In 11 years, I will remember feeling the same sadness, fear, and also interest about the Boston bombings as I did with the 9/11 attacks. However, my experience when I was nine and my experience now with media coverage of tragedy are very different.
Back in 2001, September 11th triggered my household's flight from our East Village apartment to my mother's apartment on Long Beach. Ten years after that, Hurricane Sandy hit Long Beach.
Many of those who have served on behalf of our nation will need our help as they transition home to our communities. The mental health providers who work with service members and veterans across the country every day hear it firsthand.
9/11 is a day I will never forget where I was and what I was doing. It's burned into my memory and often replays at the oddest moments. In my mind, I always wonder what I would have done.
As we look to the past, we remember a day when towers fell, and buildings blew apart, a day when hatred seemed to have the final say, and we as a country were amazed at our own "failure of imagination."
We all remember, as if it were yesterday, the feelings of sadness, anger, fear, and anxiety that rose from the core of our souls as we saw the smoke rise from Ground Zero, the Pentagon in flames, and the smoking airplane wreckage in Shanksville, Pa.
When the first tower fell, my heart stopped. When the second fell, I don't remember whether I wanted to cry, but I know, 11 years later, I wouldn't have been able to. I was paralyzed. I felt both powerless as an American and that America was powerless.
In the course, aptly titled, "Historicizing 9/11," students at Connecticut College, a small liberal arts college in New London, have put forth their own history of 9/11 by making a documentary based on oral histories that they conducted of New London residents.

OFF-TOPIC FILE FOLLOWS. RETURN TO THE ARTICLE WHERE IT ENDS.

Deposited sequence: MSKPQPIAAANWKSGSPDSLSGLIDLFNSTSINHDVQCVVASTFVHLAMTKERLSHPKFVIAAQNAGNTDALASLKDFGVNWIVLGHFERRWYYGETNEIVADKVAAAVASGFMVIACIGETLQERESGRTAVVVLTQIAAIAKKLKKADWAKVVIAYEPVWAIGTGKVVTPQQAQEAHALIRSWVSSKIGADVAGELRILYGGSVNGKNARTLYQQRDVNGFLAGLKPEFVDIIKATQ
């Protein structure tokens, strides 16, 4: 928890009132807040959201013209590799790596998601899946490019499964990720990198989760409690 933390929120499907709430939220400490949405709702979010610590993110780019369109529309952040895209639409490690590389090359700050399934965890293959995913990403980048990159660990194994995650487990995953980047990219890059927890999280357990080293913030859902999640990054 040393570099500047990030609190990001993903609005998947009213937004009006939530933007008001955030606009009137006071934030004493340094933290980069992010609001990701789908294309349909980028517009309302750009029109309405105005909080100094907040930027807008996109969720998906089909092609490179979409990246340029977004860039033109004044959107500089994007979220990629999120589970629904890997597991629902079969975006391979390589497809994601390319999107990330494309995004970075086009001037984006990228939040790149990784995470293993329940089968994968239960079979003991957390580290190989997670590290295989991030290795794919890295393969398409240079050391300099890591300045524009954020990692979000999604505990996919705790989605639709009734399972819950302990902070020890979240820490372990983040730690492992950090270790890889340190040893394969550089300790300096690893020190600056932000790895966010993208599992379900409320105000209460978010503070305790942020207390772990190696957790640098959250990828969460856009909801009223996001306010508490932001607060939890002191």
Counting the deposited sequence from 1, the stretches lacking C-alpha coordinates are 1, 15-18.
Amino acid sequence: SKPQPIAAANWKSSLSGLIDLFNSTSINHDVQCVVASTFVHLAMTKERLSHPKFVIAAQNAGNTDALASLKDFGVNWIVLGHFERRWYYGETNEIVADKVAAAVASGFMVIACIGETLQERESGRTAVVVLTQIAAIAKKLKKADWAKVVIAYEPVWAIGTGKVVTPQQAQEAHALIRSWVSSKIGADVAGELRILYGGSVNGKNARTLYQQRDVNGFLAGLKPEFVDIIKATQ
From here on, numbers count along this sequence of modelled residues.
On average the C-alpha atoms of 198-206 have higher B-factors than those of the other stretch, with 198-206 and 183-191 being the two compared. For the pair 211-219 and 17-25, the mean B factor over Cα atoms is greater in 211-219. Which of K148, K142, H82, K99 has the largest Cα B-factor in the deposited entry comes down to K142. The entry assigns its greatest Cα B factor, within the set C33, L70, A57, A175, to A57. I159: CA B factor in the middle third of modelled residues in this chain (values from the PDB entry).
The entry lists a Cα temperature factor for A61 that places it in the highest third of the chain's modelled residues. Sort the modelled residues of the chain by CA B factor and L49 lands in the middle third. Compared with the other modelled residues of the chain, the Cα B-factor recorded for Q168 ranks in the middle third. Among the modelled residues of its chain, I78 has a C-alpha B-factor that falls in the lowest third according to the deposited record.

We are at a crossroads. We can be the vapid, self-consumed generation with our tweets and posts about nothing but our own microcosms or we can take advantage of this time and learn from the precedent set by the "greatest generation."
Ten years ago Saturday, a far-reaching and convoluted bill was enacted. It created a new government agency that most Americans think is a big hassle, if not worse.
My mother likes to say that her children had saved her life multiple times by being late to school. September 11 was such a time.
Everyone has their story, the progression of memories triggered by the date, or a set of words, or that question used for tragedy after tragedy: "Do you remember where you were?"
Being part of generation 9/11 was not something I, or anyone of my generation, chose.
It was my second day of kindergarten, I was five years old, and four blocks away from the World Trade Center on September 11, 2001. This is my story.
After 9/11, Americans banded together to rebuild the infrastructure, the economy, and the soul of the country. We have retained our resilience and are looking towards the future we play a part in shaping.
We need not look far to find the Ravanas of our time... They are us -- at our weakest, basest, and grossest; people of faith, in our darkest moments of hypocrisy.